Going dutch dating advice
I don’t expect the guy I’m with to pay every time we’re out. I expect to be in a partnership that’s so equal that neither of us mind paying for the other.In my mind, it’s a good marker for how someone feels about me and our relationship. Many people like the idea of splitting a bill, so each person is basically responsible for their side of things.I am one of the most independent people I know—capable of creating a life for myself and supporting that life as well. But then again, I’m also okay with paying the bill. The way I see it, it’s like giving the other person a gift; and what’s better than the gift of free dinner?I enjoy blessing other people’s day far too much not to jump on that opportunity.It's about personal finances, a power struggle between men and women to attain equality, prove we can pay too, but still enjoy being treated, and what's comfortable for us. This is definitely a topic that won't find a complete resolution anytime soon, which is cool, because eternal mysteries are a blast. That way we're both giving up equal amounts of time and money to check things out and see if things will work out and if we want to do it again.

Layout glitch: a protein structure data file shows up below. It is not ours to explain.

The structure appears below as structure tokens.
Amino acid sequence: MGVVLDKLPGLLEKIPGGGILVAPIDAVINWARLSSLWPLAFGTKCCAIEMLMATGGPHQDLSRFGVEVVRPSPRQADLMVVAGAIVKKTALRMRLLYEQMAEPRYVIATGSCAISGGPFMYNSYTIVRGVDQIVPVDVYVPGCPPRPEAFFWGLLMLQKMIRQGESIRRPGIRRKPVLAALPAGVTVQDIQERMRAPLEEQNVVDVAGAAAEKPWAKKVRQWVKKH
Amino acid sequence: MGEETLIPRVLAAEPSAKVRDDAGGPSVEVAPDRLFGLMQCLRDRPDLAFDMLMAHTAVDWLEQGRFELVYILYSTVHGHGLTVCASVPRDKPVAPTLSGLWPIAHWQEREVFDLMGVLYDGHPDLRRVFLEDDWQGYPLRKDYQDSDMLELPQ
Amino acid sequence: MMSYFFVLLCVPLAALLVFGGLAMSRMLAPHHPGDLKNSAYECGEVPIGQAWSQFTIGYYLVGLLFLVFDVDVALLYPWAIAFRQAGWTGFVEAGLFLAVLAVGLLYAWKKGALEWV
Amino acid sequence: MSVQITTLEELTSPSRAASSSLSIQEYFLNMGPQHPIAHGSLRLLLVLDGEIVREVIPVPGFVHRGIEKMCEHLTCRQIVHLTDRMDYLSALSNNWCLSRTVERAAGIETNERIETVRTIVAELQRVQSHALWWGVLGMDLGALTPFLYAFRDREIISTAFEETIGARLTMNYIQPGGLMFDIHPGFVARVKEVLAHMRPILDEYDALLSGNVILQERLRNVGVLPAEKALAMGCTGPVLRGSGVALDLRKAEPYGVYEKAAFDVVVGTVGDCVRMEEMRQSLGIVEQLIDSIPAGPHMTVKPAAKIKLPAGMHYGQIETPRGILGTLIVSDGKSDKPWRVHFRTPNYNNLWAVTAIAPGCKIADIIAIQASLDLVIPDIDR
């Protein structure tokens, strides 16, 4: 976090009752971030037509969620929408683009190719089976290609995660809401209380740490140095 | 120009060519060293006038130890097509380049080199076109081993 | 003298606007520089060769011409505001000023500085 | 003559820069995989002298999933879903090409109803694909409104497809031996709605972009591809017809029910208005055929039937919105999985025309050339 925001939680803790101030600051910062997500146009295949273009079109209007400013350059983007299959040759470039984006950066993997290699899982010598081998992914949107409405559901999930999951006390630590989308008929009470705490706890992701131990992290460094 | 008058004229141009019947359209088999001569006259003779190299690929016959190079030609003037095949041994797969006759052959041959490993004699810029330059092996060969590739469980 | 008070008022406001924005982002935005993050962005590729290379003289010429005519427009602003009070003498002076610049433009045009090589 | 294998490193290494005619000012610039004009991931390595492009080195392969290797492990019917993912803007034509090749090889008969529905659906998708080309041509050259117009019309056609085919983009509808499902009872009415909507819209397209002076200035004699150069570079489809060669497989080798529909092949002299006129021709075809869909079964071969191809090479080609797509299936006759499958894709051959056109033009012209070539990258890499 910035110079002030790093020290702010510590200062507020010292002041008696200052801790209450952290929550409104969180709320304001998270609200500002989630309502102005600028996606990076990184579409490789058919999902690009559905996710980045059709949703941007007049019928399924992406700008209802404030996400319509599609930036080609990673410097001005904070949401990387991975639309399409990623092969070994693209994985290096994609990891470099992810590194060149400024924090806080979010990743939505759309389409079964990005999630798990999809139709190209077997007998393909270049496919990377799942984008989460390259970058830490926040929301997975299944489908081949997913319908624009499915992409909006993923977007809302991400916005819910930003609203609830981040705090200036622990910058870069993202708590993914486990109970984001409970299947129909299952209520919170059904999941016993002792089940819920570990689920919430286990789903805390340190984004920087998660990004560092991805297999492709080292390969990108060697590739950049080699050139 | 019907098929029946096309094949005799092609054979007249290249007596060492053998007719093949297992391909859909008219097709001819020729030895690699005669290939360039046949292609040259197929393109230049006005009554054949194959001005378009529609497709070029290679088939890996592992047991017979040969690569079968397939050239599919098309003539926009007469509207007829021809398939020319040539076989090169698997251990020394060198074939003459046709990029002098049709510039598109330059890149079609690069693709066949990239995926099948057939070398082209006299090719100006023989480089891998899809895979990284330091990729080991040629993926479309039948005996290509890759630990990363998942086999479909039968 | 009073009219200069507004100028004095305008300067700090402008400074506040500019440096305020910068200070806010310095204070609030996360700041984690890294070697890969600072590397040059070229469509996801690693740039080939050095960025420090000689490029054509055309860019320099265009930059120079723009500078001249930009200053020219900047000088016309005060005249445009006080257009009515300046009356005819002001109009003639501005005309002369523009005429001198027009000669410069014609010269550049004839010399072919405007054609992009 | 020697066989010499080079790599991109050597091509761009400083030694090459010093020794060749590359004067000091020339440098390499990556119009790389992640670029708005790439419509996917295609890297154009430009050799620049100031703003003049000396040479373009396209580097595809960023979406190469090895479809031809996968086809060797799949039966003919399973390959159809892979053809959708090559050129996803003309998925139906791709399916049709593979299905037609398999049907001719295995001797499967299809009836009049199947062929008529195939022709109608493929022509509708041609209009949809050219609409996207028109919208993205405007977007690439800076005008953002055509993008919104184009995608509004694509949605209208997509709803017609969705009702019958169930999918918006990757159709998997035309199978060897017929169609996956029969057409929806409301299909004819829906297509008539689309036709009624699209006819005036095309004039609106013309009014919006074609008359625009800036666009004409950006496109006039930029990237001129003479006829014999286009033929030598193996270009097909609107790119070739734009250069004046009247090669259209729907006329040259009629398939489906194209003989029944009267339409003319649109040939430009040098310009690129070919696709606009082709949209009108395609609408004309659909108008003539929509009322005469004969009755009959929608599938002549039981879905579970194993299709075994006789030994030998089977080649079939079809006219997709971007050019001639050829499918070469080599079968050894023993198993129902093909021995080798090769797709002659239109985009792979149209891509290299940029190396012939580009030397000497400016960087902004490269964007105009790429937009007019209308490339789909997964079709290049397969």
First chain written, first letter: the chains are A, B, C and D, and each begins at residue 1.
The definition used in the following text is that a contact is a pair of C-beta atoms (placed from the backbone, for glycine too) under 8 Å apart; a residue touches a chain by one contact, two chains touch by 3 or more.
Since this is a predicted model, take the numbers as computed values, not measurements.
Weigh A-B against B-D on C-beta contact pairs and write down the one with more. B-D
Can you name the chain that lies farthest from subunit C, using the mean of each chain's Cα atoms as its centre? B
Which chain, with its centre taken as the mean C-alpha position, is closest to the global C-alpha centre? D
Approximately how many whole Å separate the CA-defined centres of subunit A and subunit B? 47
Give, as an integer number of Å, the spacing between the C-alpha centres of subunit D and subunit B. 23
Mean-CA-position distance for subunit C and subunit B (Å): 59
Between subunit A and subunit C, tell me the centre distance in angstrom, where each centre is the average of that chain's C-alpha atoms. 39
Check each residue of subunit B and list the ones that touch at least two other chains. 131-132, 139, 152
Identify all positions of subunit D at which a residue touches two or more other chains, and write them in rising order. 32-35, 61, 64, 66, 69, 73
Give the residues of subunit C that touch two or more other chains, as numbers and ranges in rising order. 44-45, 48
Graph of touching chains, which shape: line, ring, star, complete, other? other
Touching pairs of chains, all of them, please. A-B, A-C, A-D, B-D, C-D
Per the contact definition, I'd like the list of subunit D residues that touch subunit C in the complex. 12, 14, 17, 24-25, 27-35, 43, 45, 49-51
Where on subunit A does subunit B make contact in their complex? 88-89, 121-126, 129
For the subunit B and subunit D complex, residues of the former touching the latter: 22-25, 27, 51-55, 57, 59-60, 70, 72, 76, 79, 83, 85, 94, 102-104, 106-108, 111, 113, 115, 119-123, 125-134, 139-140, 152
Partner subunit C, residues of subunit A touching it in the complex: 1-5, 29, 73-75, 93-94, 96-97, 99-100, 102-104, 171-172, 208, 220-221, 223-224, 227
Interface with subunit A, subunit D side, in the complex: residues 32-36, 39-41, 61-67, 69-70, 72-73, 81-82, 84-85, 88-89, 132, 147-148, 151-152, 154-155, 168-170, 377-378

You just don't show up to a date expecting a free meal; you just don't."I think it shouldn't be assumed that he is going to pay.
And then there was going Dutch—to split one’s bill and buck the traditions of chivalry.
I am not naïve enough to think all traditions of chivalry are still hanging around, they’re really not. I do not dislike the idea of splitting the bill because I think I should be treated like a princess constantly, or because of some outdated notion that a man should provide for me.
—where soldiers needed a drink or two to fight in battle.
There was Double Dutch—the popular children’s game—which implied the Dutch language was indiscernible and hard to understand.
(As a bisexual lady, I feel OK about this since I do the asking about as often as I get asked, so it doesn't seem skewed.